By CHRIS GRAEME
IN AN unprecedented step aimed at kick-starting the economy, getting banks to lend to each other and to breathe life into the flagging housing market, the European Central Bank has slashed interest rates by 50 base points to 3.25 per cent.
The decision, announced by Central Bank president Jean-Claude Trichet, follows hard on the heels of the Bank of England’s historic decision to cut interest rates by 1.5 per cent – the highest drop since 1981.
But commercial banks, including those in Portugal, are taking advantage of the climate of uncertainty by borrowing money from the European Central Bank and, instead of putting it to work by lending it out on medium and long term, are keeping it safely stashed away or making very short term deposits and loans.
“It’s unlikely that the average man in the street will feel the benefits for a while yet in Portugal, since the various banks have to get together first and decide by how much to drop their own lending rates between each other – the Libor,” said one banking analyst at Banco Espírito Santo, adding that even so, the full extent of the cuts “would probably not be passed on to customers while market volatility and uncertainty persisted.”
However, the decision to cut interest rates for existing home owners is good news as the monthly payment plus interest rates on the average 150,000 euro loan over 25 years plummet from a 5.88 per cent high (891.63 euros per month) in May 2007 to 3.25 per cent on November 6 (837.71 euros).
And the monthly payments on a 100,000 euro loan plus interest over 25 years could be reduced by as much as 200 euros a month or 2,000 euros a year as of next year if the six-monthly Euribor rate determined by banks falls in line with reductions made by the European Central Bank.
Even so, the lowering of interest rates is a far cry from the cheap lending seen back in January 2006 at 3.3 per cent when the average monthly payment plus interest rates stood at record lows of 656.93 Euros.
If this happens, families living in Portugal with mortgages, many of them over-indebted, will feel relief in terms of their monthly budget.
The decision to cut interest rates was welcomed by the President of the Association of Portuguese Real Estate Agencies, Agents and Professionals (Associação dos Profissionais e Empresas de Mediação Imobiliária de Portugal), José Eduardo Macedo, as “excellent news.”
The rate at which banks lend to each other (Libor) has shown signs of dropping after the ECB’s decision to slash interest rates.
The decision to cut interest rates was taken after European Commission economists confirmed that the Eurozone is on the brink of recession with economic growth falling to 0.2 per cent in the second quarter.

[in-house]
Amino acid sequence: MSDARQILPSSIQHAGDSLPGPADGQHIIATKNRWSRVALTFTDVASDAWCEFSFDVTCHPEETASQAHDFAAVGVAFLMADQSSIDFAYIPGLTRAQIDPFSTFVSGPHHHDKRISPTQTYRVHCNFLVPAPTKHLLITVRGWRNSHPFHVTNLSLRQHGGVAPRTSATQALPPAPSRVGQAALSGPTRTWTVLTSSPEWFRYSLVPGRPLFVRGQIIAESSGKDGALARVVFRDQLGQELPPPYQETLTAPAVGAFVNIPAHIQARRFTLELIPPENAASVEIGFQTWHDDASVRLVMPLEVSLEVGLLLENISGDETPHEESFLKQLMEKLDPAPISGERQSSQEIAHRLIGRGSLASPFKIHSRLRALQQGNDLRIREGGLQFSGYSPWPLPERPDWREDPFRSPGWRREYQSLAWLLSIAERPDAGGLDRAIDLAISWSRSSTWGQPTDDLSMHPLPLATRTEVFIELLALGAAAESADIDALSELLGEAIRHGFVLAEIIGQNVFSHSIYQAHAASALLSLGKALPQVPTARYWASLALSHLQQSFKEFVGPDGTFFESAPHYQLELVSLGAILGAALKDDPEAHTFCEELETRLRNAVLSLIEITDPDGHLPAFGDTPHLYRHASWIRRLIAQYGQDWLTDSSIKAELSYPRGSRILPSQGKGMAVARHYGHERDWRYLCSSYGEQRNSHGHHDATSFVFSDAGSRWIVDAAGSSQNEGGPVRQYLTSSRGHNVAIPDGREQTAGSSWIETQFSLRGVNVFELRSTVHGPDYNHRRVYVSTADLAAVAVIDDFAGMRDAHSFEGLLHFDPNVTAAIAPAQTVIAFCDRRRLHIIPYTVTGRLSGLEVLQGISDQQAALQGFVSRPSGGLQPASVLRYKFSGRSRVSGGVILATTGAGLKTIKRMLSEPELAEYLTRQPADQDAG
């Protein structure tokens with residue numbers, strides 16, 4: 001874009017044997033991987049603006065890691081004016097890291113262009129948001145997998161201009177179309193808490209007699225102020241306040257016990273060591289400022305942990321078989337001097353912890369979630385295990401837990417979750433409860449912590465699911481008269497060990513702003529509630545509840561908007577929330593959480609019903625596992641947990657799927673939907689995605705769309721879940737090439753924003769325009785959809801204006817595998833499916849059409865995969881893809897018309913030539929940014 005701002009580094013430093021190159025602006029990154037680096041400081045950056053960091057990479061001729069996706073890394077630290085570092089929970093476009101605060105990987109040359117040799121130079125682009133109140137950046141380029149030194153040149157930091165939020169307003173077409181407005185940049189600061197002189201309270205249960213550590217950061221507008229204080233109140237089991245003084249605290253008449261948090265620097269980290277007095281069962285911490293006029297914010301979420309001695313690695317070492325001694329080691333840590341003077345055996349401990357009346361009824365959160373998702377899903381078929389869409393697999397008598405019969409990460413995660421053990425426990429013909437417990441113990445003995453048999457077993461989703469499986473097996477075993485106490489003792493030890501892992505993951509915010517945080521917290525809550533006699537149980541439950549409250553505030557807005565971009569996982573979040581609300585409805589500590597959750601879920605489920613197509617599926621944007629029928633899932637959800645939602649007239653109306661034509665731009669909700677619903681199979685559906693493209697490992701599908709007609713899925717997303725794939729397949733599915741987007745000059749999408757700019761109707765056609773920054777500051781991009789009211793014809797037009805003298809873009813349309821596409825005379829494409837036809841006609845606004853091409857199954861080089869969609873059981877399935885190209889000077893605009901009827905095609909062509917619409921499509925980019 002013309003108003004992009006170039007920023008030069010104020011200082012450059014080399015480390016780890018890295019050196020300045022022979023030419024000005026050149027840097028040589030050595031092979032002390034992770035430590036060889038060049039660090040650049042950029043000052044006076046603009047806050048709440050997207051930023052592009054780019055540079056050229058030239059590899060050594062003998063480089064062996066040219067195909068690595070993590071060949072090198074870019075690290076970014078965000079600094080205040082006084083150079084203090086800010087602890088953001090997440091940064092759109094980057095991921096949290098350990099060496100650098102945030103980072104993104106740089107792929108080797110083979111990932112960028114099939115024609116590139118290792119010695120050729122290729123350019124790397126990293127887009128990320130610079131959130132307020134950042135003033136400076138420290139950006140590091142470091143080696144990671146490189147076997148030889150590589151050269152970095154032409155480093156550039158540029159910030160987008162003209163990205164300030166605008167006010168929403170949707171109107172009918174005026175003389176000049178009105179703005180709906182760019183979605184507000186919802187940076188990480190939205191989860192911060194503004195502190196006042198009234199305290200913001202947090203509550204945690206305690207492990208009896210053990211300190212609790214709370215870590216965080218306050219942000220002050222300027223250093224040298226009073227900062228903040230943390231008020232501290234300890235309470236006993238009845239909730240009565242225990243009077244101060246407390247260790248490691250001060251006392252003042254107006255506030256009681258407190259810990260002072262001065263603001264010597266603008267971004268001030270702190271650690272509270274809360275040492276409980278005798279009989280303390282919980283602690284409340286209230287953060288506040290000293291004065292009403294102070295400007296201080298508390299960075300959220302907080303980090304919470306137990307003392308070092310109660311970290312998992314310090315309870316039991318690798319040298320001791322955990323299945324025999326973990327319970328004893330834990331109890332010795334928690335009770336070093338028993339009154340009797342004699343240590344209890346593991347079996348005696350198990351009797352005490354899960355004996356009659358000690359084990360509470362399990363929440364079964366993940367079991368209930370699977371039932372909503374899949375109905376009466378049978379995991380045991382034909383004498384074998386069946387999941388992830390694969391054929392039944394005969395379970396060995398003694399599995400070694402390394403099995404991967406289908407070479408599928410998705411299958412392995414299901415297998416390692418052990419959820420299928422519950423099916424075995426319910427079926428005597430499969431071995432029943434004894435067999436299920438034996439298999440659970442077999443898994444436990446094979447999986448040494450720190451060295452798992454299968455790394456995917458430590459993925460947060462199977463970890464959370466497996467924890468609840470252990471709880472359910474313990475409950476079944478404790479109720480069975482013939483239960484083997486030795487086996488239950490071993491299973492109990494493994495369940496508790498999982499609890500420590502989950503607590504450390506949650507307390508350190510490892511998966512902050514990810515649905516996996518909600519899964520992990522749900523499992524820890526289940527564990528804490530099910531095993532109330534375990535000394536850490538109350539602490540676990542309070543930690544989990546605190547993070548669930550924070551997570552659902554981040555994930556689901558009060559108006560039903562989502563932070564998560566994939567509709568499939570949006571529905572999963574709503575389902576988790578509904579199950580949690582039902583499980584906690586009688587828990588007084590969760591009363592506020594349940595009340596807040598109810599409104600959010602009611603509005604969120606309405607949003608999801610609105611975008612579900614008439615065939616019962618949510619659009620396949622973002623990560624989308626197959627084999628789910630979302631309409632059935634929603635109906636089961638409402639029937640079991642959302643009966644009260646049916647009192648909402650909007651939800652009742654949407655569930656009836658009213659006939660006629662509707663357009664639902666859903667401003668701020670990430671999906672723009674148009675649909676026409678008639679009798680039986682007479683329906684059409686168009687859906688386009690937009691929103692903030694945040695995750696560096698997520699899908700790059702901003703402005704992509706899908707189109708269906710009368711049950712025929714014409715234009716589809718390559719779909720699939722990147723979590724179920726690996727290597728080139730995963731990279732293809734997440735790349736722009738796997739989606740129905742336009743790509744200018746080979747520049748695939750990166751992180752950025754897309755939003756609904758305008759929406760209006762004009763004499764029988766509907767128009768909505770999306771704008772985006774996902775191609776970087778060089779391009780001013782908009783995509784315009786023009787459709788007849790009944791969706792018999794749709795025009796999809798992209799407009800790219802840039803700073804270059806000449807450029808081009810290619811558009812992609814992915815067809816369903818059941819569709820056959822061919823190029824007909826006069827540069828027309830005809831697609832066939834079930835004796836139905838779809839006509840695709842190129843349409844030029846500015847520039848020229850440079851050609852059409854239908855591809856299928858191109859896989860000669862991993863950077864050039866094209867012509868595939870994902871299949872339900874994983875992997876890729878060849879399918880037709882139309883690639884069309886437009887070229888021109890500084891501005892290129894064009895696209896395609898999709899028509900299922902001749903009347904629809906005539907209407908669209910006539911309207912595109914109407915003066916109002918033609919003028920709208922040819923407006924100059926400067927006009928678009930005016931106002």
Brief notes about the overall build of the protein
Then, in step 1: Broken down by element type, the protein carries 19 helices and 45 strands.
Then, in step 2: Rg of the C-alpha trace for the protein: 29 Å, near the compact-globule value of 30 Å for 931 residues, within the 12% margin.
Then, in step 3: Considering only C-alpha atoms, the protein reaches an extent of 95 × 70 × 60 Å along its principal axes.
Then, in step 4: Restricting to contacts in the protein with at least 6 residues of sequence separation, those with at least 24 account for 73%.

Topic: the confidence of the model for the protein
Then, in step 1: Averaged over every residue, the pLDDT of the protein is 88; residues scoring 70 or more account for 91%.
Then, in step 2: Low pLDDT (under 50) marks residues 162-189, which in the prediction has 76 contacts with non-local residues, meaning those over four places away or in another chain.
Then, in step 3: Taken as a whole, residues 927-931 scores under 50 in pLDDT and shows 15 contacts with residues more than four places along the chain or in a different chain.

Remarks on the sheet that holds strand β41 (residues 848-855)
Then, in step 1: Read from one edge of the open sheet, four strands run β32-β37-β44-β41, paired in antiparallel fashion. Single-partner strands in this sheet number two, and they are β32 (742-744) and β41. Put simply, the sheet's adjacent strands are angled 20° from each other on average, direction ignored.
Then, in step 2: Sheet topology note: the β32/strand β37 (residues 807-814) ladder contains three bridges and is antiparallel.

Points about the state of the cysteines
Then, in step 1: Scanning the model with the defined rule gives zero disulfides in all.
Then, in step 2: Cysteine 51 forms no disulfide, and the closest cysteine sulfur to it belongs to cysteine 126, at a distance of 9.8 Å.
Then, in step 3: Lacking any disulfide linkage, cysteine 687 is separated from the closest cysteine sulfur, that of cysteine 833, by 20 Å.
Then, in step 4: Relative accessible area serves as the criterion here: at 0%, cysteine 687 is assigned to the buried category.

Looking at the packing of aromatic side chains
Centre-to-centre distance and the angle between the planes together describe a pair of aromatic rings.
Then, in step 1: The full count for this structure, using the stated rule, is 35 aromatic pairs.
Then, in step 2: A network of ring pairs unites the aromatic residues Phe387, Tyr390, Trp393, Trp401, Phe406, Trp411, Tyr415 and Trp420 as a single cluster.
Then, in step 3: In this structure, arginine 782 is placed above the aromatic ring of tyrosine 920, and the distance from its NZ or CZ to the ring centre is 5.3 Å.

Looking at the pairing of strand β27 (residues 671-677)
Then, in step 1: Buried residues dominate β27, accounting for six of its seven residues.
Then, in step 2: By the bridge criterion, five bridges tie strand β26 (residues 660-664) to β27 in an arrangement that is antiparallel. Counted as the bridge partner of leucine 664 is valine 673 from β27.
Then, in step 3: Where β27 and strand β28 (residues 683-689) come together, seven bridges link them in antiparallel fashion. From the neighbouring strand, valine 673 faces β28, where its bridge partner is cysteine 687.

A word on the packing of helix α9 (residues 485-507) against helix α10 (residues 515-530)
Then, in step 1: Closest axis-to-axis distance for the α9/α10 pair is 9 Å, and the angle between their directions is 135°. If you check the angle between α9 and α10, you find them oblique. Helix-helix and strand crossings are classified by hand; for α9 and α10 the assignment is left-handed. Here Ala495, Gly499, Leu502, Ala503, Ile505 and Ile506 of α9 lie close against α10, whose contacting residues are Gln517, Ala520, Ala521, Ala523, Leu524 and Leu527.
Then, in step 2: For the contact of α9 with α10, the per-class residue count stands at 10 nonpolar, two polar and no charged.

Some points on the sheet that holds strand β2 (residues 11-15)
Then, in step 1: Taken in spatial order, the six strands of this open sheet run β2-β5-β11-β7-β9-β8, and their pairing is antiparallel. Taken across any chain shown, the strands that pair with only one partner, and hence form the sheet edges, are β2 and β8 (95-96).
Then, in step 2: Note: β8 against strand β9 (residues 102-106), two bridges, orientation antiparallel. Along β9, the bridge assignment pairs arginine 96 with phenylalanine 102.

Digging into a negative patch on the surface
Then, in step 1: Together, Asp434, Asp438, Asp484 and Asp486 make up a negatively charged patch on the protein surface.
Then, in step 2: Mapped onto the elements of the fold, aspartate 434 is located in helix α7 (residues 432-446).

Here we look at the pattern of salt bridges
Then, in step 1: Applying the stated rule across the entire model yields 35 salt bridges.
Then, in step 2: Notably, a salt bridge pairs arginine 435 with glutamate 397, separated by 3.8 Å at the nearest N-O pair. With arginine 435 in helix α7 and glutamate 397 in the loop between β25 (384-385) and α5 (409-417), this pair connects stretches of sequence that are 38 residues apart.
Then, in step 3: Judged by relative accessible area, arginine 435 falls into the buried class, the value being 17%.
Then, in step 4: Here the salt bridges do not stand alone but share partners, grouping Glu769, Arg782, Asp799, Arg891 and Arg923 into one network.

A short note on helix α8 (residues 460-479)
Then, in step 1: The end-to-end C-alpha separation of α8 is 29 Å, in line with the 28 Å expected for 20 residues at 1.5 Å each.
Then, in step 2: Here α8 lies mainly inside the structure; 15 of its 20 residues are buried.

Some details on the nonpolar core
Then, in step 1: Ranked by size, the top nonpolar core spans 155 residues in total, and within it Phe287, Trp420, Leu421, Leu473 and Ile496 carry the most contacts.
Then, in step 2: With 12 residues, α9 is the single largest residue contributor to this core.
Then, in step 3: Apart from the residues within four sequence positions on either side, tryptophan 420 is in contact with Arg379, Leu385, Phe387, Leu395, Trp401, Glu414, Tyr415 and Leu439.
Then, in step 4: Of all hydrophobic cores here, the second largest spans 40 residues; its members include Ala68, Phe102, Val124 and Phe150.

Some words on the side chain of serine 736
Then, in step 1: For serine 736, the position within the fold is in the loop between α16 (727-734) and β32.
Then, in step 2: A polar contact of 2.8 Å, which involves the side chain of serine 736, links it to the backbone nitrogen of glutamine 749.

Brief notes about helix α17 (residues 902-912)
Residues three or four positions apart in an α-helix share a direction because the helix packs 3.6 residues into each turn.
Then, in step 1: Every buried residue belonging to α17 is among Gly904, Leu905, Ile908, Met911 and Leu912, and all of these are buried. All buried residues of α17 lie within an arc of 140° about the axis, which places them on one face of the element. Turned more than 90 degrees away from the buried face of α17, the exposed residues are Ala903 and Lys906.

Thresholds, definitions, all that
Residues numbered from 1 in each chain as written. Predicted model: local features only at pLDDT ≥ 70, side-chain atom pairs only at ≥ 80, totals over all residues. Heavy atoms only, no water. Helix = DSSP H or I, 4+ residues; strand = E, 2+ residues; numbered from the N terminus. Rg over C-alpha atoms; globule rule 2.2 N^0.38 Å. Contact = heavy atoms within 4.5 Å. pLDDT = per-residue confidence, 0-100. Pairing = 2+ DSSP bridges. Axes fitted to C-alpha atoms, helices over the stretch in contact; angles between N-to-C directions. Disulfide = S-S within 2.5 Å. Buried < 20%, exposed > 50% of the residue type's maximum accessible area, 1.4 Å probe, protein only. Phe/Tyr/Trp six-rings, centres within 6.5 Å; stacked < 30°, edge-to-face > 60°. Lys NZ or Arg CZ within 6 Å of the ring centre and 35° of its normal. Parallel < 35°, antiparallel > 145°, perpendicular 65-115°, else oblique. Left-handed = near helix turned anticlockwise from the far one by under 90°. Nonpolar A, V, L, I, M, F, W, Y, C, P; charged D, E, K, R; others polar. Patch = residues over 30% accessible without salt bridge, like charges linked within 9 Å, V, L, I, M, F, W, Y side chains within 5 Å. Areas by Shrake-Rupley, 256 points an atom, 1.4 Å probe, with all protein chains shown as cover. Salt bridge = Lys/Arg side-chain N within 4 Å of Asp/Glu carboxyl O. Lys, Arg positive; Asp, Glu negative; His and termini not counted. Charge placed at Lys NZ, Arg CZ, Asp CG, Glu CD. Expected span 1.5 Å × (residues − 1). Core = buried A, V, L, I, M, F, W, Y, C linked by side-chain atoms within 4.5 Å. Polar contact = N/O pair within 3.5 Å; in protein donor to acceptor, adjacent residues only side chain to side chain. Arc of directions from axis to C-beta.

A Commission statement has warned that in 2009 “the EU economy is expected to grind to a standstill,” marking the Eurozone’s first recession since the currency’s launch in 1999.
Manufacturing in the Eurozone fell in October to its lowest level since 1997 while the Commission predicts further falls of 0.1 per cent in the third and fourth quarters of 2008 and overall growth of just 0.1 per cent next year and 0.9 per cent in 2010.
All countries within the region saw new orders and manufacturing output fall, with Germany, France, Italy, Spain, Portugal, Austria and Ireland experiencing serious falls.
For the first time, countries once firmly opposed to joining the Euro currency such as Sweden, Norway, Denmark and Iceland, are now seriously toying with the idea of accepting the currency.
Most Portuguese economists now accept that Portugal will be unlikely to avoid entering into a recession as her major trading partners succumb to shrinking orders and falling exports.
According to an IMF report on Portugal published in October, the country’s overall growth rate by the end of this year would be only 0.6 per cent, and 0.1 per cent in 2009, based on the fact that 80 per cent of Portugal’s exports go to Eurozone countries, particularly the United Kingdom, France and Germany, which are all suffering the worst effects of the recession.
Not only that, the situation in Portugal’s other major trading partner Spain is none too rosy as the number of unemployed there reaches a 12-year high of 11.3 per cent according to Spain’s Labour Ministry, the highest in Europe.
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